The board of directors of Santee Cooper approved the suspension of construction of Units 2 and 3 at VC Summer Nuclear Station in Jenkinsville, South Carolina. The decision is expected to save Santee Cooper customers nearly US$7bn in additional costs to complete the project, including projected interest during construction.
The decision to suspend construction is based in large part on an analysis of detailed schedule and cost data, from both project contractor Westinghouse Electric Co and subcontractor Fluor Corp, first revealed after Westinghouse filed for bankruptcy in March.
“Generation diversity remains an important strategy for Santee Cooper, but the costs of these units are simply too much for our customers to bear,” said Leighton Lord, chairman of the Santee Cooper board of directors. “Even considering these project challenges, Santee Cooper is proud of our role in this initial effort to restart a 30-years-dormant industry. Nuclear power needs to remain part of the US energy mix.”
The decision follows latest costings carried out after project contractor Westinghouse Electric Co filed for bankruptcy in March. The analysis shows the project would not be finished until 2024, four years after the most recent completion date provided by Westinghouse, and would end up costing Santee Cooper customers a total of US$11.4bn. The original budget had been US$5.1bn plus interest for its 45% share of the project.
The most recent analysis, anticipating the rejection of the contract by Westinghouse in bankruptcy proceedings, shows the final cost for Santee Cooper to complete the project would be US$8.0bn for construction and approximately US$3.4bn for interest. The schedule delays increased the projected interest costs 143% over the original plan.
Santee Cooper has spent approximately US$4.7bn in construction and interest to date for its 45% share of the new nuclear power project. The analysis shows the project would not be finished until 2024, four years after the most recent completion date provided by Westinghouse, and would end up costing Santee Cooper customers a total of US$11.4bn.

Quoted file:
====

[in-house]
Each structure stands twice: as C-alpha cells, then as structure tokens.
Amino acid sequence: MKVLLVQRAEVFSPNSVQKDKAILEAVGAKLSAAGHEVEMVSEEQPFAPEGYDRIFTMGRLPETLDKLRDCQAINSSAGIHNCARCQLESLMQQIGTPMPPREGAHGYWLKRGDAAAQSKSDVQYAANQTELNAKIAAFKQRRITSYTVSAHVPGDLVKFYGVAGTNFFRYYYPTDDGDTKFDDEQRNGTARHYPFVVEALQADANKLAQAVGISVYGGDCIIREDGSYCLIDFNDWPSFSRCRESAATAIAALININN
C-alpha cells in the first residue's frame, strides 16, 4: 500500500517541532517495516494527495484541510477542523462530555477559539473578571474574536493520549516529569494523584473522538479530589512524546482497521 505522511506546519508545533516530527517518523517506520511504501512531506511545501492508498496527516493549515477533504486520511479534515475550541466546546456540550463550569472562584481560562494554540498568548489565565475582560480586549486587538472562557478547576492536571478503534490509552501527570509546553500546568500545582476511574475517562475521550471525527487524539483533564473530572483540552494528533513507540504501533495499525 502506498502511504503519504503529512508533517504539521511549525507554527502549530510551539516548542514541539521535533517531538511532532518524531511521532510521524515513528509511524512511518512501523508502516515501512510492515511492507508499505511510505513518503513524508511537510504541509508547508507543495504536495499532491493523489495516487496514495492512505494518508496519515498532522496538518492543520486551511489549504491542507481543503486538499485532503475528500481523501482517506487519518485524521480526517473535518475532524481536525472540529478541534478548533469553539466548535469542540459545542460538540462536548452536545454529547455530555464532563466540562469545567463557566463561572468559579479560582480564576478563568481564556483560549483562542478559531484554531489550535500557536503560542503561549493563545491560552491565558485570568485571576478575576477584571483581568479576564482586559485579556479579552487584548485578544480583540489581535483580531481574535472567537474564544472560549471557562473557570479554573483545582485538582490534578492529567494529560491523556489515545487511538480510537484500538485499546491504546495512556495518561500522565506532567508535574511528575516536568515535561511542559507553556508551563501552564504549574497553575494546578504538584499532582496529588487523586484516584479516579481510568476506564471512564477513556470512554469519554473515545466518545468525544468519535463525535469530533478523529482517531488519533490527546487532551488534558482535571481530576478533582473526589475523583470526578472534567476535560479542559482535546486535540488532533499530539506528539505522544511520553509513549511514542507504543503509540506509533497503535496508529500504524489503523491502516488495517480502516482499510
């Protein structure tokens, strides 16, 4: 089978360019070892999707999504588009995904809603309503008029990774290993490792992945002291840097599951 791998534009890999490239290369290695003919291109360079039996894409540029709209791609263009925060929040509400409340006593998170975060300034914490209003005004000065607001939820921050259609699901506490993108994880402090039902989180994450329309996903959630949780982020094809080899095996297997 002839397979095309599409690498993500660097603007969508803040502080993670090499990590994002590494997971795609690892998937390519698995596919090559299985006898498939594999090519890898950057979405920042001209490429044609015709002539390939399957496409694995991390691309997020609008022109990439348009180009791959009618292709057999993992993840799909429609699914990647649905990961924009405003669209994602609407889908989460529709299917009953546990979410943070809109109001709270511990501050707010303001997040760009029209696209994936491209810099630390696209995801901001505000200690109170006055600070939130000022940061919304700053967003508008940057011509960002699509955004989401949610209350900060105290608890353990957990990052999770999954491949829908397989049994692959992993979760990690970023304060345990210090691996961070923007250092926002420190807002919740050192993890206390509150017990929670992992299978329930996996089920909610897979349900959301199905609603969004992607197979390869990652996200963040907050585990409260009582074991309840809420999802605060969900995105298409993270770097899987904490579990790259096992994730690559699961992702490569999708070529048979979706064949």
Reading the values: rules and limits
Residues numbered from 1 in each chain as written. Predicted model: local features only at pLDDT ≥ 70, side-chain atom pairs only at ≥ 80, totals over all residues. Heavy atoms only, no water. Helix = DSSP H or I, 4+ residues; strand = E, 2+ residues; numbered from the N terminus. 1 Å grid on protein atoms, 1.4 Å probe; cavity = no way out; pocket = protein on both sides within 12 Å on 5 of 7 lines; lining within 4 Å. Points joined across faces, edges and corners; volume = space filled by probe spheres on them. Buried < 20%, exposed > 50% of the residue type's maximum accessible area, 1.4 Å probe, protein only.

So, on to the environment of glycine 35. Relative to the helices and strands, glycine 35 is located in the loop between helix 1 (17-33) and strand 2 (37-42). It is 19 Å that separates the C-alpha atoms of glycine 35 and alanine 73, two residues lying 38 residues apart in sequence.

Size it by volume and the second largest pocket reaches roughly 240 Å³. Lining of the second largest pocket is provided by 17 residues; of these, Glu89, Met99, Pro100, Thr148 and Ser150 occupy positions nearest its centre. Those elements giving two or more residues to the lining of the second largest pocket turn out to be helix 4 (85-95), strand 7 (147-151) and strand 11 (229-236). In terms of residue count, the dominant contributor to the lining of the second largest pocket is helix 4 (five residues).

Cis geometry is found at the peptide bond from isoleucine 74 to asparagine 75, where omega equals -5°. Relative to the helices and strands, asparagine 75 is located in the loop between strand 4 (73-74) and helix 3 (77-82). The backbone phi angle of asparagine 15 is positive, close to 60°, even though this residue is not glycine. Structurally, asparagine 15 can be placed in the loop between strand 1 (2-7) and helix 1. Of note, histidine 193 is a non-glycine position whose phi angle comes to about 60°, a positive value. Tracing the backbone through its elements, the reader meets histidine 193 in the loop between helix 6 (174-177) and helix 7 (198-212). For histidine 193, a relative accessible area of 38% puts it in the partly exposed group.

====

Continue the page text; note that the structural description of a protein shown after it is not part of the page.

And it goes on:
Santee Cooper and majority partner South Carolina Electric & Gas Co gave Westinghouse full notice to proceed in April 2012.
“After Westinghouse’s bankruptcy and anticipated rejection of the fixed-price contract, the best case scenario shows this project would be several years late and 75% more than originally planned,” said Lonnie Carter, Santee Cooper president and CEO. “We simply cannot ask our customers to pay for a project that has become uneconomical. And even though suspending construction is the best option for them, we are disappointed that our contractor has failed to meet its obligations and put Santee Cooper and our customers in this situation.”
Westinghouse’s parent, Toshiba Corp, has contractually agreed to pay Santee Cooper US$976m in settlement beginning later this year and continuing through 2022. “Santee Cooper will continue to pursue Westinghouse assets and other revenues and assets, through bankruptcy court and other legal channels, to further offset costs,” Carter said.